Wednesday, October 21, 2009

The Diwali I Loved: Saudades after an Explosive Naraka Chathurdashi

If there is one thing that I absolutely adore about Diwali in Goa, it is the relative quiet as compared to other parts of India. It is as if all our explosive tendencies get used up in the course of Chathurti and it is only the die-hards who actually make a bang at Diwali. It could also be a reflection however, that the rhythms of our Hinduism is markedly different from that present in the rest of India, especially North India. Diwali is definitely not that big a deal for us, as compared to Ganesh. And if it is, then Diwali has still not been reduced to the consumeristic orgy that marks Diwali at least in the north of India.

Perhaps the fondest image that I have of Diwali in Goa is an image captured from a rather modest house in Taleigão. It is late on the night of Diwali, and all the world is asleep. It is the proverbial silence of Christmas in the air and before me, was the façade of this little house and its courtyard in front of it. All that one can make out of this house are the tiny, red fairy lights that hang from the eaves of the house’s roof, bathing the Tulsi and the rest of the court yard in the softest and most delicate red hues. I return often to this house, and simply drink up the scene. Having quaffed this scene so often, I can regurgitate it whenever I am away, drinking in once more the beauty of a silent, but light filled Diwali. What is perhaps most beautiful about this remembered scene, is that for me, the weak but constant light of the fairy lamps represents what Diwali could be all about. The weak, yet insistent commitment to good, over evil, that is always more powerfully arrayed and always returns with a vengeance.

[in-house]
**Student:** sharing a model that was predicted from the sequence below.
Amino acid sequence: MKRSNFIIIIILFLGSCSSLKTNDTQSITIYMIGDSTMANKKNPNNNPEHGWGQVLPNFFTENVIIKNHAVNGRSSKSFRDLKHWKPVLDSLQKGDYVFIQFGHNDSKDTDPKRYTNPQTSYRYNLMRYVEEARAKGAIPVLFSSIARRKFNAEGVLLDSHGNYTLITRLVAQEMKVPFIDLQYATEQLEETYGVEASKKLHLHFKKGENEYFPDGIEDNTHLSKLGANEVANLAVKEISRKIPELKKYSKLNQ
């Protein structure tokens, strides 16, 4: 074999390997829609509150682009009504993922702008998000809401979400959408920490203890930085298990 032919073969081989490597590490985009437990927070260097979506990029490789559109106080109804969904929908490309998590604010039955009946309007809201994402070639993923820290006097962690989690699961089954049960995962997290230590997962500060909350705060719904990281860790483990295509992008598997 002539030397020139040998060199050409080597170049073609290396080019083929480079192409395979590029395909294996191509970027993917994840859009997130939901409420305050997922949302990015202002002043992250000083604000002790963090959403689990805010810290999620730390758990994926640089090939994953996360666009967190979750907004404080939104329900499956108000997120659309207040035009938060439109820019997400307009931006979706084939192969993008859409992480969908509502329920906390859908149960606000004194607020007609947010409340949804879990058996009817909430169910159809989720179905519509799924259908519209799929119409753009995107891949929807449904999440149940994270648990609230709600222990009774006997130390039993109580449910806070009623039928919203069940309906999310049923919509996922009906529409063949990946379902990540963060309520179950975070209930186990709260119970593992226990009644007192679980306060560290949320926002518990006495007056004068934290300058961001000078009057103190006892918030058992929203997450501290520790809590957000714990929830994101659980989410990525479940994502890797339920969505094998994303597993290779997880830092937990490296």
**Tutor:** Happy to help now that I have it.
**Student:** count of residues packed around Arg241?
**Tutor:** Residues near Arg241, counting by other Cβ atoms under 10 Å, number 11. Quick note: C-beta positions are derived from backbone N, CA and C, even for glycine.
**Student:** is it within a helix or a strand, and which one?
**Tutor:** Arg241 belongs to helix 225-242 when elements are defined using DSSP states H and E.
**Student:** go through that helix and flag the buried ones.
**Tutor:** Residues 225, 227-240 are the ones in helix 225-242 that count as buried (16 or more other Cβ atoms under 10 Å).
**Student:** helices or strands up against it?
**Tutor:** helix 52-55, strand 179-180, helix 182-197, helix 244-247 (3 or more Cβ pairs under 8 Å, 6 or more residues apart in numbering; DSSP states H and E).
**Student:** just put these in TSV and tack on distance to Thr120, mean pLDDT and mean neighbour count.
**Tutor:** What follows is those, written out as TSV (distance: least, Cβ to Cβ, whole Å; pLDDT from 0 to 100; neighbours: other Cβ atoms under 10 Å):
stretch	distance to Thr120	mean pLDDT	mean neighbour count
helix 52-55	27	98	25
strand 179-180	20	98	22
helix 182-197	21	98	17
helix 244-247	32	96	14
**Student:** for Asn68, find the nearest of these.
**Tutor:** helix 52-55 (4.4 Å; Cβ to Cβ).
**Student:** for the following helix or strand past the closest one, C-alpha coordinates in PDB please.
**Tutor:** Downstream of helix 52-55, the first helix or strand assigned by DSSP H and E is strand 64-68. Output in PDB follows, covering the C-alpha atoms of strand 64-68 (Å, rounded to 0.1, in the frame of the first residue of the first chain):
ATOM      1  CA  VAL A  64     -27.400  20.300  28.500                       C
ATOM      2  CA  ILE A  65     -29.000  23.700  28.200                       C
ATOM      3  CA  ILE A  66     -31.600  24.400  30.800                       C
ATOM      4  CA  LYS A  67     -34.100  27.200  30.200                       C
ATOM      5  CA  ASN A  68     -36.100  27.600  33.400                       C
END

If there is one thing that I abhor about the Goan Diwali however, it is this supposedly ‘unique’ celebration of what is now being called Naraksur Nite (shudder!). I used to be under the impression that the Narakasur effigy was this peculiarly Goan Hindu observance, until an anthropologist friend dragged me out of this dream. It is apparently, an invention that came to Goa from Goan migrants who had traveled to Bombay and then returned. Authentically Goan or not, my early recollections of Naraka Chathurdashi are fond. These memories remain fond despite the fact that I now recognize that they brought children and youth together in bonhomie under the umbrella of secular Hinduism. They remain fond, because there was nevertheless a spirit of innocence that we all shared. It was a time when it was possible to not be aware that there were problems with the way this nation was being sutured together. After all in the 1980’s we were just 2 decades away from being Indian and still without the bitter experiences that the last couple of decades has brought.